Lincoln to Newark-on-Trent

Tour through fen, farmland, and towns revealing royal history

Follow the route - Lincoln to Newark-on-Trent

The Old Stable, Lincoln

Lincoln to Bardney

> From Lincoln take the B1190 east to Bardney.

Visiting Bardney

A small fen town on the River Witham, Bardney is dominated by its sugar beet factory, which was opened in 1927. The town’s appearance is more practical than beautiful, but some fine examples of Georgian buildings can be seen among the Victorian houses. Bardney Abbey, dating from the 7th century, was destroyed by Vikings and refounded in 1087. Ethelred the Unready built Tupholme Abbey, 2 miles (3km) beyond the river bridge, and although preserved, these ancient ruins can still be visited today.

Places to stay near Bardney

The Old Stable

Drws Nesaf

Tattershall Lakes Country Park

Woodhall Country Park

Bardney to Woodhall Spa

> Continue along the B1190, then just after Bucknall turn south on to unclassified roads to Woodhall Spa.

Visiting Woodhall Spa

This inland watering place was once famous for its natural springs and has a pump room built in the 19th century. Today it is best known for its championship golf-course. The 60-foot (18m) Tower on the Moor is thought to have been erected by the builders of Tattershall Castle, further south, whose fine keep is a relic of the castle built in 1440 by Ralph Cromwell, one of the richest men in the kingdom. He also built a magnificent collegiate church, in which perpetual prayers for his soul were to be said. There are excellent views from the castle looking across the low countryside as far as Lincoln and Boston. The only working fen steam engine in the country is at nearby Dogdyke Pumping Station.

Places to stay in Woodhall Spa

Petwood Caravan Park


Woodhall Country Park

Highfields Country Holiday Fishing Retreat at Spanby

Woodhall Spa to Heckington

> Continue south to Tattershall turning right on to the A153, then the B1395 past North Kyme. In a short distance turn right on to an unclassified road, crossing the A17 into Heckington.

Visiting Heckington

The flat, open and exposed landscape round Heckington is an ideal location for a windmill, and there has been one on the same site since 1830. The Friends of Heckington Windmill have fully restored the present mill, which is the only eight-sailed windmill still working in the country, and was used for drainage as well as grinding corn. One of the several pubs in the village, the Nag’s Head, claims that Dick Turpin, the infamous highwayman, once stayed there. The magnificent decorated cruciform church dates from the 14th century.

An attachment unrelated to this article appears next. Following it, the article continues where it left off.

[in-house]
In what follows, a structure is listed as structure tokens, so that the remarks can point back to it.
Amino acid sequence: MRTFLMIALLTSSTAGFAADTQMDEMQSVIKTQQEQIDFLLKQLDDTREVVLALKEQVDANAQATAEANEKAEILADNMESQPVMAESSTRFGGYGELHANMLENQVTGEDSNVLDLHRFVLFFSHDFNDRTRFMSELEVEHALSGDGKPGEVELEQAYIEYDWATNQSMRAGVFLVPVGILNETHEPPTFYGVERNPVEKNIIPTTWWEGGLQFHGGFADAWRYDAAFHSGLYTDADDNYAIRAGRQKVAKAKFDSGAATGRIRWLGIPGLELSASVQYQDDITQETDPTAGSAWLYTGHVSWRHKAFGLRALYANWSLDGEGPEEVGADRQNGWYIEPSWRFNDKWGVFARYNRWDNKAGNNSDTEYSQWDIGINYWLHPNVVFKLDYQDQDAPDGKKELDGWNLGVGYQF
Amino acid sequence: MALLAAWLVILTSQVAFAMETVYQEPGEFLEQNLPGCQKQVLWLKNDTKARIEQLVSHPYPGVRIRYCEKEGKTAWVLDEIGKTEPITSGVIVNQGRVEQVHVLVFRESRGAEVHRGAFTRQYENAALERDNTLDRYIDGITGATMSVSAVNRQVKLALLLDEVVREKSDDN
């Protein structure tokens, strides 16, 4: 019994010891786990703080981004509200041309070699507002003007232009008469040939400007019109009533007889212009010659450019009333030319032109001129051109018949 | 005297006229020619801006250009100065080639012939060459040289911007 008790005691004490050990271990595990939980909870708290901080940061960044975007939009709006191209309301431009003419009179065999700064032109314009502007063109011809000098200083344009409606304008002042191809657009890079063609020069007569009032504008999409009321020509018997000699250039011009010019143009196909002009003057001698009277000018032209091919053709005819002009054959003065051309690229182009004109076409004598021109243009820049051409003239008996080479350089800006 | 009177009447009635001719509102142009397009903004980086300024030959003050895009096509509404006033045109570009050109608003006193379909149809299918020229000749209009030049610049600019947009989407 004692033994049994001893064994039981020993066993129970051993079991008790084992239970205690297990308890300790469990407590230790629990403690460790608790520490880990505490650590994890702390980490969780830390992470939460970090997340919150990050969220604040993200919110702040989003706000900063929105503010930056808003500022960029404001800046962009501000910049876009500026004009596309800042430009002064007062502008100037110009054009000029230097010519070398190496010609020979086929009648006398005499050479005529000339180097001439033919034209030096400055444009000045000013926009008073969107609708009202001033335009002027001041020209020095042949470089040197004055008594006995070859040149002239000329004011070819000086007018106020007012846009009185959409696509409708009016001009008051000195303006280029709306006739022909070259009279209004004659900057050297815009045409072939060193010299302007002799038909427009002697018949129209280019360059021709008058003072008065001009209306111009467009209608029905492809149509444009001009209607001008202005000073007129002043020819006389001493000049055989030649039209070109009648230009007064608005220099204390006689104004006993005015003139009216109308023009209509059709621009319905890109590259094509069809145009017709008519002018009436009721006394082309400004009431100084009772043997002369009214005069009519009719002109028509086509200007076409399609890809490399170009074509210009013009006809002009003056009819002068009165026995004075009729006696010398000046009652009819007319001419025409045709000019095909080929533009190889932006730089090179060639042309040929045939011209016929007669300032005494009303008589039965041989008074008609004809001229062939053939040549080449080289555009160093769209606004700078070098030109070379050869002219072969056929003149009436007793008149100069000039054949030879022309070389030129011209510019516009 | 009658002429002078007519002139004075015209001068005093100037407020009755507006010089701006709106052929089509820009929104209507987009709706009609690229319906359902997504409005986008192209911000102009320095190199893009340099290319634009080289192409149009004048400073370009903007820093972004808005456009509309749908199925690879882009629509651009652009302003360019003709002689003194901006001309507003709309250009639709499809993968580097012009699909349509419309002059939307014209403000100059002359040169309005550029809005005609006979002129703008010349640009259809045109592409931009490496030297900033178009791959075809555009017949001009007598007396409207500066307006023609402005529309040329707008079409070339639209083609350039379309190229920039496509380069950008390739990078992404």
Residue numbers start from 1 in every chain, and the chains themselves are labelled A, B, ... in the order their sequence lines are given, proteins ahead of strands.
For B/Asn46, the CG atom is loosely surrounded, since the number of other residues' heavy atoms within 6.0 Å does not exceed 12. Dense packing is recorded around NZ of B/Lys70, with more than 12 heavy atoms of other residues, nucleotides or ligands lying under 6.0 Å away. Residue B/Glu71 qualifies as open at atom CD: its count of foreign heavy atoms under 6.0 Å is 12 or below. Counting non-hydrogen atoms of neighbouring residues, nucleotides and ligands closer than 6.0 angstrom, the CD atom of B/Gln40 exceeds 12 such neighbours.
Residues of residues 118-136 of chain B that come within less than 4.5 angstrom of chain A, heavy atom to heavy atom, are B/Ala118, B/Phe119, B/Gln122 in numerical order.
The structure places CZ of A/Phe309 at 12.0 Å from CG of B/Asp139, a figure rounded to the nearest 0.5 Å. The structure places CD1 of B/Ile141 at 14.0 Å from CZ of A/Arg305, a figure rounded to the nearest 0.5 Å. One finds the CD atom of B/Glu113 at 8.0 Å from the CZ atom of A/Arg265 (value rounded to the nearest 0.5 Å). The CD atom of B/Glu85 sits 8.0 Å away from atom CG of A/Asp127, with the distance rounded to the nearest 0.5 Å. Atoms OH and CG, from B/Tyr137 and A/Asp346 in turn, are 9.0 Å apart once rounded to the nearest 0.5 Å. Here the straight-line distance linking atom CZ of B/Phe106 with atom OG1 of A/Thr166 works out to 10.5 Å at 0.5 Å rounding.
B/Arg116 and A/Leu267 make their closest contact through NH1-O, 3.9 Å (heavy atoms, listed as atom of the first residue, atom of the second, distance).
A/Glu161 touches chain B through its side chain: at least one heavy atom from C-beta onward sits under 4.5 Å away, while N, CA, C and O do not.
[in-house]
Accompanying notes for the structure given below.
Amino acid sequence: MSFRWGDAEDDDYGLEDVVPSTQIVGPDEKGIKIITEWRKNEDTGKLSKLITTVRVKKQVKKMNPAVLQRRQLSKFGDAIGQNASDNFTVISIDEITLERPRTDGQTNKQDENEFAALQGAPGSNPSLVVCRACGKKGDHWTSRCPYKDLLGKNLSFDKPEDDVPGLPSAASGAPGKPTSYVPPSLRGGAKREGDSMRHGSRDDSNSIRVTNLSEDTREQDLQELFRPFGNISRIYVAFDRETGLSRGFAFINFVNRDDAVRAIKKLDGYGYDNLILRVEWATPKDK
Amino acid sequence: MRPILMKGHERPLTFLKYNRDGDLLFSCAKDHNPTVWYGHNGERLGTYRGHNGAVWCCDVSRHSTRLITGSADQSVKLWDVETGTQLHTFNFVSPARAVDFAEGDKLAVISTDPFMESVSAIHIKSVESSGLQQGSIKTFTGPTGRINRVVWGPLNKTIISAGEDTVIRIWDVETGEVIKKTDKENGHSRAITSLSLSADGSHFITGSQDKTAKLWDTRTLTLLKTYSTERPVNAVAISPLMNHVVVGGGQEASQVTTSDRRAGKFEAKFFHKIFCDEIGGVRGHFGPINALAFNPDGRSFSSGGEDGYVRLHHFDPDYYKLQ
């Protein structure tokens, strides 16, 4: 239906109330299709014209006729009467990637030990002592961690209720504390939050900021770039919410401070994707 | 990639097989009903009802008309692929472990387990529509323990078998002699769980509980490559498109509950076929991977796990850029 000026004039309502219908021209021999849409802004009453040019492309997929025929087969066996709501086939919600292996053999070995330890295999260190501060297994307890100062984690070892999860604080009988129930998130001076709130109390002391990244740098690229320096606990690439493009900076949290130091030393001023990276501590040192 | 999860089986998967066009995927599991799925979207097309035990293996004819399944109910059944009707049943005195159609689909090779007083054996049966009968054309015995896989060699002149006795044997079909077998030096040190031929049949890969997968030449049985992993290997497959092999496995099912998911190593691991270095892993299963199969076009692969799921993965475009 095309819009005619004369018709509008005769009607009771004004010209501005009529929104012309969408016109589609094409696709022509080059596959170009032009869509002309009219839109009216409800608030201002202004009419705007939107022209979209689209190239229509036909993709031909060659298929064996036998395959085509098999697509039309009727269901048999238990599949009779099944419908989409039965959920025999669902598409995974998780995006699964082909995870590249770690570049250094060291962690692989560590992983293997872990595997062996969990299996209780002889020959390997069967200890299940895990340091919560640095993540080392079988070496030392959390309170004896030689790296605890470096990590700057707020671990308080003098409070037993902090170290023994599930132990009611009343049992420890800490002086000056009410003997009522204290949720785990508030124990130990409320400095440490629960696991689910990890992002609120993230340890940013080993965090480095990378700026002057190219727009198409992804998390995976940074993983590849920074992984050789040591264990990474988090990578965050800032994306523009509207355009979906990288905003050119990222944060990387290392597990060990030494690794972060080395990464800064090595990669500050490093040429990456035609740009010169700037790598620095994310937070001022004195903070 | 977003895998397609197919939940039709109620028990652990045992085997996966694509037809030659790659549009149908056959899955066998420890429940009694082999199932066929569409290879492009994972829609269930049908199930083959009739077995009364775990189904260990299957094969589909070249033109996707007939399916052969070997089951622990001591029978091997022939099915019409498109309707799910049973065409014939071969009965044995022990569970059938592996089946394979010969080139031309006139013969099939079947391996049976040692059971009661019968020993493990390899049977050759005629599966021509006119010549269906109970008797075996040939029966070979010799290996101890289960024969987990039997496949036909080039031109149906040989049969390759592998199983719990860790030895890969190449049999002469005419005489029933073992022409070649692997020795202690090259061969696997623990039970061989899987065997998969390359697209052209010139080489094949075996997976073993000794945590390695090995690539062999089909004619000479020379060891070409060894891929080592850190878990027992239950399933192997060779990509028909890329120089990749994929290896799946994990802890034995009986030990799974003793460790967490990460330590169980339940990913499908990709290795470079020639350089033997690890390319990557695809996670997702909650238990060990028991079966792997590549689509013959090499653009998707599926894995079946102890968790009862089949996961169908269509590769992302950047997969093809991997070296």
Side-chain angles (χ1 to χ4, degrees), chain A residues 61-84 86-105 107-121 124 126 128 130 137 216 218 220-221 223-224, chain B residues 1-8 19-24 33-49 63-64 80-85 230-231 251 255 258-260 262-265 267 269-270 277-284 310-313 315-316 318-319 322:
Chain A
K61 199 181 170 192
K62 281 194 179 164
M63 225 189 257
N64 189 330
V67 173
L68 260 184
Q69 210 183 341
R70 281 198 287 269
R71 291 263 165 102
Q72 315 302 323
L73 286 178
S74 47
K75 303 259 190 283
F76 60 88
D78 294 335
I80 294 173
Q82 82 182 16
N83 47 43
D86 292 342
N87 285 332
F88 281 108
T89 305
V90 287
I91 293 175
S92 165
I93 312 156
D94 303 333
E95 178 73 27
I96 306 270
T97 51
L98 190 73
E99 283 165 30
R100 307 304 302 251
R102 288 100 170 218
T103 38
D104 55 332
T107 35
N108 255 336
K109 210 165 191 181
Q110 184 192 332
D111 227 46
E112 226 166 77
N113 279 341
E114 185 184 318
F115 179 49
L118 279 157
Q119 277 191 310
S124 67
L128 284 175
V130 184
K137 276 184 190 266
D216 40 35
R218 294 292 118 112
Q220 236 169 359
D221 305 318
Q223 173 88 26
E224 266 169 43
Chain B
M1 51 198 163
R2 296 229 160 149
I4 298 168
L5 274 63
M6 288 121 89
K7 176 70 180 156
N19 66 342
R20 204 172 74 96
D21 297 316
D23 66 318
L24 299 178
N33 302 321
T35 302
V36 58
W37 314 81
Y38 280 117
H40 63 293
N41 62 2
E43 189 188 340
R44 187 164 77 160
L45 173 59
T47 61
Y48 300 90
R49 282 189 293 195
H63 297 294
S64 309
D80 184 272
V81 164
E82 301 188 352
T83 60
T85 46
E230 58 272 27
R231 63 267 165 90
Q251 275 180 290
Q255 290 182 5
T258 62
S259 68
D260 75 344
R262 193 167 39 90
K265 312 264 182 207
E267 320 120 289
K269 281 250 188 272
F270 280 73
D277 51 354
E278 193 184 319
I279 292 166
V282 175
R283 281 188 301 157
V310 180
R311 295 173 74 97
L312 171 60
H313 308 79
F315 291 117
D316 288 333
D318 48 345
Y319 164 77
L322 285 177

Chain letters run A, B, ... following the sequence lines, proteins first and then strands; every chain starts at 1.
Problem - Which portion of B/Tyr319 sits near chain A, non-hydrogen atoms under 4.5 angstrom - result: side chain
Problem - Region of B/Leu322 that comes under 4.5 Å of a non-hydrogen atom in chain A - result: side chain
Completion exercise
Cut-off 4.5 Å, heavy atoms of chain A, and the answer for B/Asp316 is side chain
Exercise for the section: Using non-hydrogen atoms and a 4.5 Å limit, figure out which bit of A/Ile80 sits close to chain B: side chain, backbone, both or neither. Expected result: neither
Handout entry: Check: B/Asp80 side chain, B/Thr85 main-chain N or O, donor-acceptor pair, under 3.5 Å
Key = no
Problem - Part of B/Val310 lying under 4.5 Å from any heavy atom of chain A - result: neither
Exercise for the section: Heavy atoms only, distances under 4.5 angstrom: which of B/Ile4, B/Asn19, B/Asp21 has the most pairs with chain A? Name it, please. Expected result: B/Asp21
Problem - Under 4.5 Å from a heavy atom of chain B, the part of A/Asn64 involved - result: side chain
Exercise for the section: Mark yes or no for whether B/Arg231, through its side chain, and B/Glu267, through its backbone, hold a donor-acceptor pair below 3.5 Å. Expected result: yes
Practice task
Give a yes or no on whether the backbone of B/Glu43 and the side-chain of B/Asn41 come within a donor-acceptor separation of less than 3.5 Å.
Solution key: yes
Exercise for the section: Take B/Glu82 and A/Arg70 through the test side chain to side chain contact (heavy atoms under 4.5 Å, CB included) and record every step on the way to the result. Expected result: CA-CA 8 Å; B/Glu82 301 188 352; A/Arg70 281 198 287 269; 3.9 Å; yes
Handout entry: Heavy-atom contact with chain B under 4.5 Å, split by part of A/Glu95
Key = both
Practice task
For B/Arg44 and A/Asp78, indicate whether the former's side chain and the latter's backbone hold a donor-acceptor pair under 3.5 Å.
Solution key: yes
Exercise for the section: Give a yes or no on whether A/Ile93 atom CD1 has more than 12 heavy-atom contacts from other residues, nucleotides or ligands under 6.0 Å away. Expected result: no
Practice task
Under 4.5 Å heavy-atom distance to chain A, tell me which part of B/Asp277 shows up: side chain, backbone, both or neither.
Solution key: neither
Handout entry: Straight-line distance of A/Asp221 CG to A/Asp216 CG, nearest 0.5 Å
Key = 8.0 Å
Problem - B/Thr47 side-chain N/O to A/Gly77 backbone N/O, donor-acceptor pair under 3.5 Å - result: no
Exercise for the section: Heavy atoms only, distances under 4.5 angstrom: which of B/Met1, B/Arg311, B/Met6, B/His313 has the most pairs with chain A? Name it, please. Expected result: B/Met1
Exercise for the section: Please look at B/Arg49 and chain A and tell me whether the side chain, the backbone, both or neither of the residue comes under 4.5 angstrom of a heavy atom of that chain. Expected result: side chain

Places to stay near Heckington

Highfields Country Holiday Fishing Retreat

Orchard Park

The Houblon Arms


Heckington to Sleaford

> Follow the B1394 west, then the A17 to Sleaford.

Visiting Sleaford

Sleaford is a small town set on the River Slea and the partly navigable Sleaford Canal. St Denys’ Church, which dominates the town, has a 144-foot (44m) solid stone spire, one of the oldest in the country, and its window tracery is exceptionally fine. The Black Bull Inn’s sign dates from 1689 and illustrates the old sport of bull-baiting, which continued in these parts until 1807. The large mounds beside Castle Causeway are all that remains of the 12th-century castle, where King John was taken ill with a fatal fever on the night after losing the crown jewels while crossing the Wash.

The National Centre for Craft and Design, called the Hub, in Carre Street, is the second largest in the country.

Places to stay near Sleaford

Highfields Country Holiday Fishing Retreat

The Houblon Arms

Woodland Waters

Hilltop Farm Holidays, Welbourn

Sleaford to Leadenham

> Return to the A17 and continue to Leadenham.

Visiting Leadenham

This little village grew up along the line of limestone hills called Lincoln Cliff, which stretches from near Humberside as far south as Grantham. It is worth visiting just for the lovely church spire, but there are many attractive stone houses and the Old Hall is built entirely of golden-coloured stone.

Places to stay near Leadenham

Hilltop Farm Holidays

The Brownlow Arms

Woodland Waters

Newark-on-Trent castle

Leadenham to Newark-on-Trent

> Follow the A17 to Newark-on-Trent via the village of Coddington.

Visiting Newark-on-Trent

The sign on the edge of town reads ‘Historic Newark-on-Trent’, and this is certainly a treasure house of history. The ruined 12th-century castle is where King John died in 1216, and is opposite the Ossington, a Victorian flight of fancy.

Travellers have been passing through the town for centuries: the Roman Fosse Way and the Great North Road intersect nearby, and the River Trent has been canalised here. The cobblestoned marketplace, the scene of Prime Minister William Gladstone’s first major political speech, still survives, and you cannot miss the massive 252-foot (77m) spire of St Mary Magdalen, which is 30 feet (9m) higher than the total length of the church.

Places to stay near Newark-on-Trent

Best Western Deincourt Hotel

Milestone Caravan Park

Brills Farm

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